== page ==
Other embodiments provide for thresholds for end seals, for example +/−40% of the optimal skirt length for adjusting, and +/−80% of the optimal skirt length for rejecting product. The thresholds for side or end seals can be set as a percent of a relative distance. Relative distance, as used herein, includes a measured distance as a percent of a distance between seals.

A user display 231 receives data, such as image data error data, or other data, and displays it for the user. It can be a video display, image display, monitor, lights, etc.

Referring now to FIG. 3, a cross section side view of the preferred embodiment of station 230 includes a vision system 301, a perforation detector 303, and lights 305 (including lights on both sides of 201). Film 201 passes through station 230, and perforation detector 303 detects a perforation in the preferred embodiment. Vision system, as used herein, includes a camera or sensor and associated components for obtaining an image, and/or processing the image, and/or detecting a formation on a film. Perforation detector, as used herein, includes a detector, such as an optical sensor (photoelectric eye), a force sensor or acoustical sensor, (such as in U.S. Pat. No. 6,792,807), or any other sensor, that detects a perforation. The perforation detector may be a prior art detector, such as a model D10 available from Banner Engineering, or the like.

Perforation detector 303 sends a trigger signal that causes vision system 301 to obtain an image of the film when the perforation is detected. Vision system 301 preferable includes a camera or other sensor. Camera, as used herein, includes, a device used to obtain an image. Vision system and camera 301 are model P4 available from Banner Engineering in the preferred embodiment. Trigger, as used herein, includes a signal used to cause an image to be obtained.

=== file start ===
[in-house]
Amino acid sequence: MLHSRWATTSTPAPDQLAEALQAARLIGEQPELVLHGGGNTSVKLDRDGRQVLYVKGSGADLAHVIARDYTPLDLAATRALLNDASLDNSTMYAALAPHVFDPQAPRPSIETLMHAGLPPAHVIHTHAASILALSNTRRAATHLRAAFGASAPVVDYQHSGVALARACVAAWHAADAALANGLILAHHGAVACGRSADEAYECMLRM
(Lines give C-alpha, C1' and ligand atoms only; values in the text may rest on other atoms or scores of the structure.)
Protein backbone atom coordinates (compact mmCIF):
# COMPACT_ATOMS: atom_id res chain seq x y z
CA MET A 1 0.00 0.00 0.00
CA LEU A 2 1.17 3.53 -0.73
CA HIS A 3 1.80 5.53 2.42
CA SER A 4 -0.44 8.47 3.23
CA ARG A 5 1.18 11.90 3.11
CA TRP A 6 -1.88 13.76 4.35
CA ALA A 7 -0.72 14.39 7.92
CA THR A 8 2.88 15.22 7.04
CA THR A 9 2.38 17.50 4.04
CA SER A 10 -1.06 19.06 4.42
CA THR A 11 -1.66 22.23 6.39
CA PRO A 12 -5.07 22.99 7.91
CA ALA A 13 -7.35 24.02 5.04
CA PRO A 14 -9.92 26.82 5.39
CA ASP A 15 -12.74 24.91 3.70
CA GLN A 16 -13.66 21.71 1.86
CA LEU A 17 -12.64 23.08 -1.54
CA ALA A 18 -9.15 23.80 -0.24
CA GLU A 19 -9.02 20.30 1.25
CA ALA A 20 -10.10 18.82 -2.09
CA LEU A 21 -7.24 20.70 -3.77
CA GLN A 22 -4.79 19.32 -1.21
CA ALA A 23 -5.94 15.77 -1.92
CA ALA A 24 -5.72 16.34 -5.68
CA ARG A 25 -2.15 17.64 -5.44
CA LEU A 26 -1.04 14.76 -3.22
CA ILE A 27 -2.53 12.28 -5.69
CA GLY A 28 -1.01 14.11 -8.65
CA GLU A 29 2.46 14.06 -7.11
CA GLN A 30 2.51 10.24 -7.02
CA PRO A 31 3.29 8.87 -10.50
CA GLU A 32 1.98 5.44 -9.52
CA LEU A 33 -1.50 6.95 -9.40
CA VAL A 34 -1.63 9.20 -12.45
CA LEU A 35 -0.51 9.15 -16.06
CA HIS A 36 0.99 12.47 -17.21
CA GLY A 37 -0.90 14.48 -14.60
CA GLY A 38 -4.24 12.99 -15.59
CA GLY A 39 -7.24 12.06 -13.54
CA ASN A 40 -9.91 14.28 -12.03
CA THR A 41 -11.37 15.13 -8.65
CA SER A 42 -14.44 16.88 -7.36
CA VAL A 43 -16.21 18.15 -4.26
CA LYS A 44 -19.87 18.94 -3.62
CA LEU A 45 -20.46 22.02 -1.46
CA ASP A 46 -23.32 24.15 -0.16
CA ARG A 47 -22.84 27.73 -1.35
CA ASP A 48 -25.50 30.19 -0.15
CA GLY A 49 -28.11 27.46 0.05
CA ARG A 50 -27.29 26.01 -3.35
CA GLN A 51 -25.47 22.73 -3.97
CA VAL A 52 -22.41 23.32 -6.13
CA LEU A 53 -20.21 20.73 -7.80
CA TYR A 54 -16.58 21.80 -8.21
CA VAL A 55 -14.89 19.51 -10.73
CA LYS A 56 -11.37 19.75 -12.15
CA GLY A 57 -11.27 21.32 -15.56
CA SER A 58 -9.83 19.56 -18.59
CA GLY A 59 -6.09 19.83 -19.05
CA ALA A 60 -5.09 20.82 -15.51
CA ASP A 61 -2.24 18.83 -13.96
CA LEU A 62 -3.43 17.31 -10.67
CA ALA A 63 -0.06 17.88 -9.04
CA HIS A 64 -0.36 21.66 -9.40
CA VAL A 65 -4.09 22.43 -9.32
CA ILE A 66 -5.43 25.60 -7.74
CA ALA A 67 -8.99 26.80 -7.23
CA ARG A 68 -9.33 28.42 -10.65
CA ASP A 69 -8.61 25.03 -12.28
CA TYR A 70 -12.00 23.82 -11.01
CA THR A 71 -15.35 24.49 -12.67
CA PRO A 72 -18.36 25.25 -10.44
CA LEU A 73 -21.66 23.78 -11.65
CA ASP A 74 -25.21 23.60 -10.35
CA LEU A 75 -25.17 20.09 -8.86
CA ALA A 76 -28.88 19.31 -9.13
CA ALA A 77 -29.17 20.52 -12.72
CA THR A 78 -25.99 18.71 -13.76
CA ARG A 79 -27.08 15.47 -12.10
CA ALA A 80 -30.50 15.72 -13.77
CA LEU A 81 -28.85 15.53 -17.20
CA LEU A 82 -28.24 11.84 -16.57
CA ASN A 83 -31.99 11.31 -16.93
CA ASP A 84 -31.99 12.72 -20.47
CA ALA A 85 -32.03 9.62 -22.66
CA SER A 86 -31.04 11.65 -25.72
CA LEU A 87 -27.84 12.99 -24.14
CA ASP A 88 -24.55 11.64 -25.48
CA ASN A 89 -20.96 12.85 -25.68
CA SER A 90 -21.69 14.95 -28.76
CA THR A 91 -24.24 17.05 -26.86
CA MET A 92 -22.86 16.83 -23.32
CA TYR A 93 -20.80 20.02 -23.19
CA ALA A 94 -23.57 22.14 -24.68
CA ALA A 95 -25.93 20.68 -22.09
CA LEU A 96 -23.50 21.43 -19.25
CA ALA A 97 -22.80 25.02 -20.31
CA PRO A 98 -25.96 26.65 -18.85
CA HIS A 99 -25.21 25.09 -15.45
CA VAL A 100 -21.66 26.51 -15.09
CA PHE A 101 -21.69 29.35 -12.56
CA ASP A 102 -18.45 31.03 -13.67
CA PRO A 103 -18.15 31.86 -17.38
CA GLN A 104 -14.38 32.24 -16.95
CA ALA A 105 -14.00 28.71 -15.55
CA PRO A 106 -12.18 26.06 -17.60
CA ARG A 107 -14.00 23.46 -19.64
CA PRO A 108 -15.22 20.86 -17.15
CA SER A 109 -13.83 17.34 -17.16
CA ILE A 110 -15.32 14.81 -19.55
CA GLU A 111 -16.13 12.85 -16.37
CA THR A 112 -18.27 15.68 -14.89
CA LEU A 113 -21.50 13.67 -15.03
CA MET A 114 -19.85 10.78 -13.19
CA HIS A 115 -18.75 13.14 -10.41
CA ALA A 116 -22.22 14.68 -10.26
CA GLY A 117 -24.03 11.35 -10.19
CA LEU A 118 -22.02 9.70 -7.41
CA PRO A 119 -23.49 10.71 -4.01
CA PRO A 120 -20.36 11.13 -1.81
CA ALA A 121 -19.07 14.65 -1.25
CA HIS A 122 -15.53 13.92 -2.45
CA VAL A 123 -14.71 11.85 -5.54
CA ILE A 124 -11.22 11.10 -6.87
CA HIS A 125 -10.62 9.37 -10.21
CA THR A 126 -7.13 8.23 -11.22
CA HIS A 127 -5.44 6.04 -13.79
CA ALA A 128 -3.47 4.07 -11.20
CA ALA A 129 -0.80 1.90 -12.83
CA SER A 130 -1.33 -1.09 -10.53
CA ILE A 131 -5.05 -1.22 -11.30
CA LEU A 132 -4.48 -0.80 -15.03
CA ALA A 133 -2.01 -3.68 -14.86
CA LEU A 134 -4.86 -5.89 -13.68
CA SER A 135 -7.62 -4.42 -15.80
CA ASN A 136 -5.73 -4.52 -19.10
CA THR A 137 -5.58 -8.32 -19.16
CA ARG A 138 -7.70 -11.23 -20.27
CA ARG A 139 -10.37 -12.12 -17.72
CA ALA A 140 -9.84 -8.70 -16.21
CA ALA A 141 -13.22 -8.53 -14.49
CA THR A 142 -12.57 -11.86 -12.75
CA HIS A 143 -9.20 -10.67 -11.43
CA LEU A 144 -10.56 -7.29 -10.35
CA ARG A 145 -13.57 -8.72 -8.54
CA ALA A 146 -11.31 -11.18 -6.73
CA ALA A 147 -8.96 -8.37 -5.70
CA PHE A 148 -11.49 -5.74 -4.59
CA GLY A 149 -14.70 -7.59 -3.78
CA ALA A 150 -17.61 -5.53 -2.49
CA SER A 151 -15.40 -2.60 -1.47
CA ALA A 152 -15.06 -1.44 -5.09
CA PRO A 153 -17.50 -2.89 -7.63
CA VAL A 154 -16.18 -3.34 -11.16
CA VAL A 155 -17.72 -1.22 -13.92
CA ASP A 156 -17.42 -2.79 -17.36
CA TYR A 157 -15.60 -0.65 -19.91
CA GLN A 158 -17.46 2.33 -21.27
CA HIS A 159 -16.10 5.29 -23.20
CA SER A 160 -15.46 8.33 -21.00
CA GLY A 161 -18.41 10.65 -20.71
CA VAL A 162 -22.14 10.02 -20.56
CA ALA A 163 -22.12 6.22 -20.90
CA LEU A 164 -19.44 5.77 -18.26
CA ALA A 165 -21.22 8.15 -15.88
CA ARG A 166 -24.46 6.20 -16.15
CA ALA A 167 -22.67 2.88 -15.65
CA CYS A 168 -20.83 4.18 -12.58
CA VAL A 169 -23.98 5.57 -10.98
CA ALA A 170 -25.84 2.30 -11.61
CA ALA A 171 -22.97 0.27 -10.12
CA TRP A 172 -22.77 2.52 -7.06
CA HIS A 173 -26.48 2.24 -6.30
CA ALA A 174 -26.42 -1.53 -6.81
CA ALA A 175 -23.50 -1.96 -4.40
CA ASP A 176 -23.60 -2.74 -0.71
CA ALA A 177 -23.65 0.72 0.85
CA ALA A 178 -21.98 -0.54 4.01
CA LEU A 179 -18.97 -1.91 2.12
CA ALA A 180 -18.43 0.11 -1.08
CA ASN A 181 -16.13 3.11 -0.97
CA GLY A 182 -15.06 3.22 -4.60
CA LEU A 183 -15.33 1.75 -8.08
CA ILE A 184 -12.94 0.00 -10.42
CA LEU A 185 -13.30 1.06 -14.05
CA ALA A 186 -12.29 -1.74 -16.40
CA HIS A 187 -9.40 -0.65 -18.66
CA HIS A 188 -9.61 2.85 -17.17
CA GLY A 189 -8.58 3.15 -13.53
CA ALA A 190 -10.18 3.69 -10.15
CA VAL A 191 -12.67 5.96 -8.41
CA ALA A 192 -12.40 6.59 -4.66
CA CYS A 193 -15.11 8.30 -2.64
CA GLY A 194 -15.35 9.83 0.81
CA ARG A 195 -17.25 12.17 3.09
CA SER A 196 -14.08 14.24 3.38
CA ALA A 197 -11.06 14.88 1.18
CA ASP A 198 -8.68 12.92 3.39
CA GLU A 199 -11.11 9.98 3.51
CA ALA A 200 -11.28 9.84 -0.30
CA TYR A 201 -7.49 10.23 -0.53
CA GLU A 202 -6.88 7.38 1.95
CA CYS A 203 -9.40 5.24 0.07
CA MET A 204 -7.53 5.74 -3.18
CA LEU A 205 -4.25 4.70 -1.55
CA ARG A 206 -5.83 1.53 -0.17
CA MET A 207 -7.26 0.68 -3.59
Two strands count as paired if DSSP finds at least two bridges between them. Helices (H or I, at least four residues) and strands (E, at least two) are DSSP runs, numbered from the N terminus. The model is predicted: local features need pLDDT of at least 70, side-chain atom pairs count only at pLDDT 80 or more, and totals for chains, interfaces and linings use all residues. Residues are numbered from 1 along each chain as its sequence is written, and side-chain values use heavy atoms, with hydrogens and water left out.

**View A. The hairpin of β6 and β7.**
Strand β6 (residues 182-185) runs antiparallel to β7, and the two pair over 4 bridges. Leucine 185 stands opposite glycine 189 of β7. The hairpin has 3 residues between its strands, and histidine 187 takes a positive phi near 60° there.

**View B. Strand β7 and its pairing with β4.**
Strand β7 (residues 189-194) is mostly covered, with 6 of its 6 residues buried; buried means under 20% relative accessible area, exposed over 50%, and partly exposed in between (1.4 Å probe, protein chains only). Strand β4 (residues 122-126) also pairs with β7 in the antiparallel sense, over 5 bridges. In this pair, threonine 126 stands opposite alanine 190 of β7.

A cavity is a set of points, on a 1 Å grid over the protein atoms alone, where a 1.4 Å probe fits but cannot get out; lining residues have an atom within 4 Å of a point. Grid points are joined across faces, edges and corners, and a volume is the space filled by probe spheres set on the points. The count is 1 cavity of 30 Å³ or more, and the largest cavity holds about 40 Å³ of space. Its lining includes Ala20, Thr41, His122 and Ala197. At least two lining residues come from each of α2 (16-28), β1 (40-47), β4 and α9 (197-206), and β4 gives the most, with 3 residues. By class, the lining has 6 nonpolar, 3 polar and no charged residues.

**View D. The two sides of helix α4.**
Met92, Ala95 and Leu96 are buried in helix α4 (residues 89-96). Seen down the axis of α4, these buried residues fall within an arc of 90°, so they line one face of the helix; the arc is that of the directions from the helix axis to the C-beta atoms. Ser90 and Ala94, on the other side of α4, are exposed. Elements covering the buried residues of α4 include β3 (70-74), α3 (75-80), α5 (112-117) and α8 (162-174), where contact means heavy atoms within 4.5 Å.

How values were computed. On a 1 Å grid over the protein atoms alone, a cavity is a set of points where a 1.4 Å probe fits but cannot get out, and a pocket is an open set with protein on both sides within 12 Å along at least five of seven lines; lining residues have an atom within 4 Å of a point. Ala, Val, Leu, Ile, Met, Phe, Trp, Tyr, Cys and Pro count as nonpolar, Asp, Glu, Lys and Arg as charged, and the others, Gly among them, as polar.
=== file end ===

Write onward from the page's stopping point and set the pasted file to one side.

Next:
The logic associated with vision system 301 (which may be considered a controller and part of controller 221, or a separate controller, regardless of its location and configuration) includes a perforation location module that determines the location of the perforation with respect to the seal (or visa versa). Vision system, as used herein, includes a camera and associated components for obtaining an image and/or processing the image, and/or detecting a formation on a film. Perforation location module, as used herein, includes components, such as logic and detection components, that locate a perforation with respect to another formation on the film, or to a location on the film.

A housing 307 encloses station 230 and is opaque in the preferred embodiment to shield light from affecting the image. Preferably, an access door is built into the housing. Also lights 305 (preferably infrared lights) provide consistent illumination of film 201. Alternatives include more or fewer lights, and a housing that is not opaque, or is partially opaque.

Referring now to FIG. 4, a cross sectional end view of station 230 is shown. Perforation detector 303 preferably senses the perforation near the edge of the film (and opposite the drawtape if the bags are draw tape bags). Camera 301 preferably obtains an image near the center of the film. Every perforation triggers an image capture, and camera 301 provides an image output to display 231 (such as an LCD, plasma or CRT display). Also, LEDs are illuminated on display 231 to indicate to the user the status of the seal/perforation registration (acceptable, adjusting, rejected, etc.). Vision system 301 identifies the seal and/or perforation, and determines the distance therebetween, or relative locations.

Image output, as used herein, includes an output that includes image data, such as that which can be shown on a display. This allows the user to see the perforation and seals. The image may be updated every bag, or the user can freeze the image to inspect a single image more closely. The system may be used without a display, but it can be helpful during setup.